Birds with white-colored patches on their wings are some of the most beautiful in the world. In Western culture, white symbolizes purity, peace, cleanliness, and perfection.
That’s why seeing one in nature can make your day 10 times better.
The list of birds with white stripes on wings includes the lesser nighthawk, northern mockingbird, killdeer, Eurasian magpie, lark bunting, tricolored blackbird, swamp boubou, and many others.
Let’s jump straight in and see what 25 species of white-wing-striped birds look like.
Table of Contents
25 Birds With White Stripes On Wings
Scientific name: Chordeiles acutipennis
Lifespan: 4-5 years
Wingspan: 21.5 in
Wing Stripes: Broad white wing stripes close to wingtips
Native to: South America, North America, and Central America
These small nighthawks with rounded wings and fairly long notched tails can be often seen flying low over deserts and grasslands at dusk.
Lesser Nighthawks are camouflaged by their “earthy” colored plumage and only in flight, can you see their distinctive bar across the wingtips. This stripe is white in males and cream-colored in females.
The Lesser Nighthawk looks similar to Common Nighthawk – the best way to distinguish them is by the position of the white wing patch: it is closer to the wingtip on the Lesser and closer to the base of the wing on the Common Nighthawk.
Lesser Nighthawks are known for their erratic, bat-like flying technique, graceful loops, and frequent direction changes during flight.
These birds breed across Northern and central California, Nevada, and southwestern Utah south across New Mexico, Arizona, and Texas, and into Mexico.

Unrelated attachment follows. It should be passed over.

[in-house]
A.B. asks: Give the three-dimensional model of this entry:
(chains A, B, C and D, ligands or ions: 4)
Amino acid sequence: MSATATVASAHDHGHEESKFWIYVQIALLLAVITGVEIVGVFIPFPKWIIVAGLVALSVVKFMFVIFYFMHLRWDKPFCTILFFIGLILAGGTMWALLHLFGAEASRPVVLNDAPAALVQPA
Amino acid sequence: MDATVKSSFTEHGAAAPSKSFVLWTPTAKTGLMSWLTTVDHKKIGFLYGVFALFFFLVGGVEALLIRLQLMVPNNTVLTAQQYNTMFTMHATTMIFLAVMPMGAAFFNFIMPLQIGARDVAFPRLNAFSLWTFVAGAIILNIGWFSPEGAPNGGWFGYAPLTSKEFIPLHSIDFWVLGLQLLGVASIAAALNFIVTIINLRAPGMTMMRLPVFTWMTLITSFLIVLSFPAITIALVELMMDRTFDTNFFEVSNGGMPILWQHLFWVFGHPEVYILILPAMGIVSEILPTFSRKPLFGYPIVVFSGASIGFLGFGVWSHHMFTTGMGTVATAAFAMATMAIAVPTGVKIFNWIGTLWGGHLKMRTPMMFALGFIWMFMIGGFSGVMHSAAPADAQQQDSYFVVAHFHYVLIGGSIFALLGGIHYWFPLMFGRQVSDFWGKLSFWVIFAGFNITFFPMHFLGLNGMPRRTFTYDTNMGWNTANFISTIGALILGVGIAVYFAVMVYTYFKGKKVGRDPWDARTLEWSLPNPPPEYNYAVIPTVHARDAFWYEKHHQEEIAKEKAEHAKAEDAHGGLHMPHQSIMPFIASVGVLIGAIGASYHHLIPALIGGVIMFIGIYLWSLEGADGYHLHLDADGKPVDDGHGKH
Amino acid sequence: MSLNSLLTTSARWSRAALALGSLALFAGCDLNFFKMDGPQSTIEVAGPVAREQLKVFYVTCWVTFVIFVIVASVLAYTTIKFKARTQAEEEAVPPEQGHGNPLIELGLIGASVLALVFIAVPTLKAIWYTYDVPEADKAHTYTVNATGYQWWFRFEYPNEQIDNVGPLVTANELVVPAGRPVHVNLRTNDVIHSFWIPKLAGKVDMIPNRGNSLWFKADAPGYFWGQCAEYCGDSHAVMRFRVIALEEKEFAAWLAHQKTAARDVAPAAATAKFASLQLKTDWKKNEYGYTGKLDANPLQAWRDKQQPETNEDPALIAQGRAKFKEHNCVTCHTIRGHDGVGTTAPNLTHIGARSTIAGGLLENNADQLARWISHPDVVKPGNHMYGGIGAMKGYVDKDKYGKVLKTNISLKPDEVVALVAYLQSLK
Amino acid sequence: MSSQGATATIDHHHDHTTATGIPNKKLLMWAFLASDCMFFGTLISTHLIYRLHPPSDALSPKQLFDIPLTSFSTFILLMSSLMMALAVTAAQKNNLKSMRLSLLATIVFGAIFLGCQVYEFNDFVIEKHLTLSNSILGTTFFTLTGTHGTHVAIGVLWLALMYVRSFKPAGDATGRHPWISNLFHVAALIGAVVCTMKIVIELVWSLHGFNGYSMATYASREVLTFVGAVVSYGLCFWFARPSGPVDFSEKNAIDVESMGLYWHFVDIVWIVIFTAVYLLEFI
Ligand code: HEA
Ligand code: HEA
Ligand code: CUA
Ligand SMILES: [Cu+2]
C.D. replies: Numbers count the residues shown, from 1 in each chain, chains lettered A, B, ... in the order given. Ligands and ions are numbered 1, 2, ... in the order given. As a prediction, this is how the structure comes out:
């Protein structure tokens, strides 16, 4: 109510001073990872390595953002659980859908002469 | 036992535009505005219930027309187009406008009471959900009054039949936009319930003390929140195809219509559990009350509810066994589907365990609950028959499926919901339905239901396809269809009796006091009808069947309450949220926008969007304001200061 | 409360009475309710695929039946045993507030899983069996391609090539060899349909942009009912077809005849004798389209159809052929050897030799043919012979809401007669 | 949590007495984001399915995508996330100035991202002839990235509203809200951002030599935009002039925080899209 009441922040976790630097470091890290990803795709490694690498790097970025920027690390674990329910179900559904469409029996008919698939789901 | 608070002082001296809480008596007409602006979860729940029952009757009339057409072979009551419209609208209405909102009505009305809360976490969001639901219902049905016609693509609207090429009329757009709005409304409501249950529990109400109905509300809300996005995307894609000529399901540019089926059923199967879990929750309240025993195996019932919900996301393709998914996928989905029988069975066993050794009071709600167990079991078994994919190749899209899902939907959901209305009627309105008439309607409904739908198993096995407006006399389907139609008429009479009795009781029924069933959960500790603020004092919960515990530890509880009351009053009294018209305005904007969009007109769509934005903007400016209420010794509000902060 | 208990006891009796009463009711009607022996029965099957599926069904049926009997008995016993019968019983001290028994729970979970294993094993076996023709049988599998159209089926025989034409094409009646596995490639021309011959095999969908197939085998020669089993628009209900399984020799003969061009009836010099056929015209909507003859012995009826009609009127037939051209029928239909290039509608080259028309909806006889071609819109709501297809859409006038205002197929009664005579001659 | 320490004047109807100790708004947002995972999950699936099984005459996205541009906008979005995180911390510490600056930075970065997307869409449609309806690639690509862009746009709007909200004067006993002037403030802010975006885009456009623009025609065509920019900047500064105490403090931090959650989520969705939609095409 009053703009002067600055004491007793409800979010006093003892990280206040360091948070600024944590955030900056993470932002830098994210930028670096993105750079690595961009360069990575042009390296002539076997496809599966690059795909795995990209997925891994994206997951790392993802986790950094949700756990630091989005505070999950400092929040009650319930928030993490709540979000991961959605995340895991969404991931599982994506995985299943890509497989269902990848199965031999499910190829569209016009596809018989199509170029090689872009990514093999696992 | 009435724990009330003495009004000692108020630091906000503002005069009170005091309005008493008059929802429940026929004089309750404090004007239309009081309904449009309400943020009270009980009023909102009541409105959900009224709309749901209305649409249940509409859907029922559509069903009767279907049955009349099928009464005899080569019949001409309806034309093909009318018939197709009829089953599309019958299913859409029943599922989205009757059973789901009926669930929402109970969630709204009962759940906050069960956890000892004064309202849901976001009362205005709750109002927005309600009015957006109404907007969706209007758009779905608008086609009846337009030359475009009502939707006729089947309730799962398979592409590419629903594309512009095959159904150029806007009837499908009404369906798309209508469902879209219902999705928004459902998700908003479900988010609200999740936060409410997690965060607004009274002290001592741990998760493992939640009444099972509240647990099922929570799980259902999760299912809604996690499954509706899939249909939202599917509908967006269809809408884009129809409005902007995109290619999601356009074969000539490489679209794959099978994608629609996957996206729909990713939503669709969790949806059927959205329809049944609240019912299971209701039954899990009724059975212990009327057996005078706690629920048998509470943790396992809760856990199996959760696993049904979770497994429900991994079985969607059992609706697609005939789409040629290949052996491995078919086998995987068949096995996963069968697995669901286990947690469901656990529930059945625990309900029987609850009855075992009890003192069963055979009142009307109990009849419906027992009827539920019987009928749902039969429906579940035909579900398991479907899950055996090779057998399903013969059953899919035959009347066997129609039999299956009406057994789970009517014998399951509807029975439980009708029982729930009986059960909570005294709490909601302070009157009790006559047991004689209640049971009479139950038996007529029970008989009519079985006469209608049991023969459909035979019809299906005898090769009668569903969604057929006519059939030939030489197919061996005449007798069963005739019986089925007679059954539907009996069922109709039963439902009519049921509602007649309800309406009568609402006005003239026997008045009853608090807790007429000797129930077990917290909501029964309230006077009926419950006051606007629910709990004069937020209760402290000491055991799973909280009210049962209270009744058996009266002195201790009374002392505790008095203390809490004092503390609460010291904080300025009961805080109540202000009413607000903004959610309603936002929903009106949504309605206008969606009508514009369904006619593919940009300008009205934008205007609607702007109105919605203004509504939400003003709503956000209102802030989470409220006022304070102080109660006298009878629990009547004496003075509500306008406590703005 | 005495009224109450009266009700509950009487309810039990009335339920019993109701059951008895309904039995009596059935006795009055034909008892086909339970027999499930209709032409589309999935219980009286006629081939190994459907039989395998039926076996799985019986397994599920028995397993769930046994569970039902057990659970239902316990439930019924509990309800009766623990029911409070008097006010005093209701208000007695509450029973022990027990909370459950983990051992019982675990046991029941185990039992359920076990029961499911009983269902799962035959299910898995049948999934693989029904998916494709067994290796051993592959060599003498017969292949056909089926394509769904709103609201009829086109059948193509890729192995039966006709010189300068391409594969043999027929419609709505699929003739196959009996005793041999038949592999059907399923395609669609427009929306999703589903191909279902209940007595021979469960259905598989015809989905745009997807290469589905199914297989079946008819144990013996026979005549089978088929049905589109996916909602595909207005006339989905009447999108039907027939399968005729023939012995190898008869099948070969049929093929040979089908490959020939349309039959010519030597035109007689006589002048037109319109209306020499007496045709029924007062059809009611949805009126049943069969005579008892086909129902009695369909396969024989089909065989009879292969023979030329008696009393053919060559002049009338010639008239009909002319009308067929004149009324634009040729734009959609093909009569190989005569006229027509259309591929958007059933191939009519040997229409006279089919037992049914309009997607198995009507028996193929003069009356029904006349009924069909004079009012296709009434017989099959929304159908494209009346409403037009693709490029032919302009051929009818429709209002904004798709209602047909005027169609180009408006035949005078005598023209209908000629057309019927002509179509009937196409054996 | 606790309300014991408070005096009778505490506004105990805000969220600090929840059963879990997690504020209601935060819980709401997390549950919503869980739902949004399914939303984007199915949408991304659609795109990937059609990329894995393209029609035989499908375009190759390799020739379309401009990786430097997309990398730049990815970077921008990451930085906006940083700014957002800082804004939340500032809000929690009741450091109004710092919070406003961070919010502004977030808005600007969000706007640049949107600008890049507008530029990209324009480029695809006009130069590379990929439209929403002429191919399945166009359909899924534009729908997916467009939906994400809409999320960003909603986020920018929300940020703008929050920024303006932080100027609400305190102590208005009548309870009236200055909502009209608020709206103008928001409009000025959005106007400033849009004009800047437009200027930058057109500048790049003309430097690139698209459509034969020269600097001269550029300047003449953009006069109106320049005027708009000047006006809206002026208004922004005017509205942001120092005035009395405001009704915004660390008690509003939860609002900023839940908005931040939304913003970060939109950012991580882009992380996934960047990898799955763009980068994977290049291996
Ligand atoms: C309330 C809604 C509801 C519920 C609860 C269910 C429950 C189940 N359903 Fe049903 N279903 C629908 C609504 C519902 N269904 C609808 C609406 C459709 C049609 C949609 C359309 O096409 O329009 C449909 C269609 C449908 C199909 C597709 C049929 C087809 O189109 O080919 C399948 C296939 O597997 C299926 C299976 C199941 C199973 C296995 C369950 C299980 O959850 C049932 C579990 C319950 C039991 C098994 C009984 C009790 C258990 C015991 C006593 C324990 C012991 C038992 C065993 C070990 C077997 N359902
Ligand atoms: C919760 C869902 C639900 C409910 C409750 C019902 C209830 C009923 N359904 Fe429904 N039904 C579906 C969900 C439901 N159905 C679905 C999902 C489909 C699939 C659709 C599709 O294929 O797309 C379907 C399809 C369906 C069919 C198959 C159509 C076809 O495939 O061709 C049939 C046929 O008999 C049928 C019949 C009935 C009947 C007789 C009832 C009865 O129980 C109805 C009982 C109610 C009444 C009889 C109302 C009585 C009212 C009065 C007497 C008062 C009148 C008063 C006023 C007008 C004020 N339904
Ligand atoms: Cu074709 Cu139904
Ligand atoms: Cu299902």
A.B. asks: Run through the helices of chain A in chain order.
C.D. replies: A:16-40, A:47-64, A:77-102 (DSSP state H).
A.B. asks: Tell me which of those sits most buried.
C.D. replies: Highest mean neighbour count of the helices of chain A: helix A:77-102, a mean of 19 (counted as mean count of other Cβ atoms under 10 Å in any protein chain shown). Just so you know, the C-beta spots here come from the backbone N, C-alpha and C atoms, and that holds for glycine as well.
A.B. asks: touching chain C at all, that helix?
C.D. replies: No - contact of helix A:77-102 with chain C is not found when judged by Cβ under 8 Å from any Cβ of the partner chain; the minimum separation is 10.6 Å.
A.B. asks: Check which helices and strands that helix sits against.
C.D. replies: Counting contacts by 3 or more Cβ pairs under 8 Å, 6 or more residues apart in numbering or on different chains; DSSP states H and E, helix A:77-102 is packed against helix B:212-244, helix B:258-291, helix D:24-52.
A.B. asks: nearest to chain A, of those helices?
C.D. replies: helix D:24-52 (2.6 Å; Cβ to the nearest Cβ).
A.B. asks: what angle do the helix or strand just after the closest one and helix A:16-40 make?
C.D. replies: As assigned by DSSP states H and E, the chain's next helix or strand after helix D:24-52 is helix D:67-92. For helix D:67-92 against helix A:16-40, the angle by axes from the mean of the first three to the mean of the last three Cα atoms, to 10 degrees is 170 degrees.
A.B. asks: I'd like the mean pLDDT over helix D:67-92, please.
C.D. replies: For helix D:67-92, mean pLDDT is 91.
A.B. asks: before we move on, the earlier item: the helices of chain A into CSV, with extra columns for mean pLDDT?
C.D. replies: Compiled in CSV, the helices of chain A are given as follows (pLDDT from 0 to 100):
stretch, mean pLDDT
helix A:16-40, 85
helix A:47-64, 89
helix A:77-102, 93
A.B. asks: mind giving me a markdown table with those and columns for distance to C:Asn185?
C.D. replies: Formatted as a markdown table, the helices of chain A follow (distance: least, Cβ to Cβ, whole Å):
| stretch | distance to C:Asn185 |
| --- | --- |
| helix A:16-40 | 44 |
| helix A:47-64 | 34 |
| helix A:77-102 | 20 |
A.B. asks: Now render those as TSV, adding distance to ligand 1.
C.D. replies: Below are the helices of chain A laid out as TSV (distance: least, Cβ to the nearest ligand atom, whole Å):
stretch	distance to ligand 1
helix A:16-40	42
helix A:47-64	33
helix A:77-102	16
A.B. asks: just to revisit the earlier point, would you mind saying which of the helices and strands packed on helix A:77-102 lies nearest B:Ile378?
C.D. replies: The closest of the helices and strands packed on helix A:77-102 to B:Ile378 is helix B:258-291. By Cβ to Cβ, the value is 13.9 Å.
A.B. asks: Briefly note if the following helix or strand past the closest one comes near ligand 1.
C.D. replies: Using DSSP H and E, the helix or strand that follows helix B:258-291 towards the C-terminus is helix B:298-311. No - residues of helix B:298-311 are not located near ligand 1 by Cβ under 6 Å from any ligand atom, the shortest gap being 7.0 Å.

Females will not make nests but lay eggs directly on the ground, using their camouflaged bodies to keep the eggs hidden. These birds are insectivores, feeding on flying insects, including beetles, moths, grasshoppers, but also ants, and termites.
To deal with the desert heat in their habitats, lesser nighthawks might enter torpor – a hibernation-like state.
Scientific name: Mimus polyglottos
Lifespan: up to 8 years
Wingspan: 12-15 in
Wing Stripes: Large white stripes on the bottoms and tops of the wings, visible in flight
Native to: USA, Canada, and Mexico
The northern mockingbird is a gray bird with white stripes on wings and tail.
During the flight, large white patches on the black wings and tail are easy to spot. Those wing-bars have a dual purpose: to show off during the mating season and to flash them when defending their territory against some snakes and hawks.
This medium-sized songbird can imitate chirps of up to 35 species and learn over 200 different songs in its lifetime. It is the only species out of 16 with the name “mockingbird” that is native to the United States.
Its Latin name literally translates to “many-tongued mimic.”
The northern mockingbird is a very territorial bird excellent at breeding – one female once managed to lay 27 eggs in a single season!
Northern mockingbirds are omnivores that feed on fruit, seeds, berries, and small insects, like beetles, earthworms, moths, butterflies, and bees.
Scientific name: Charadrius vociferus
Lifespan: up to 11 years
Wingspan: 18-25 in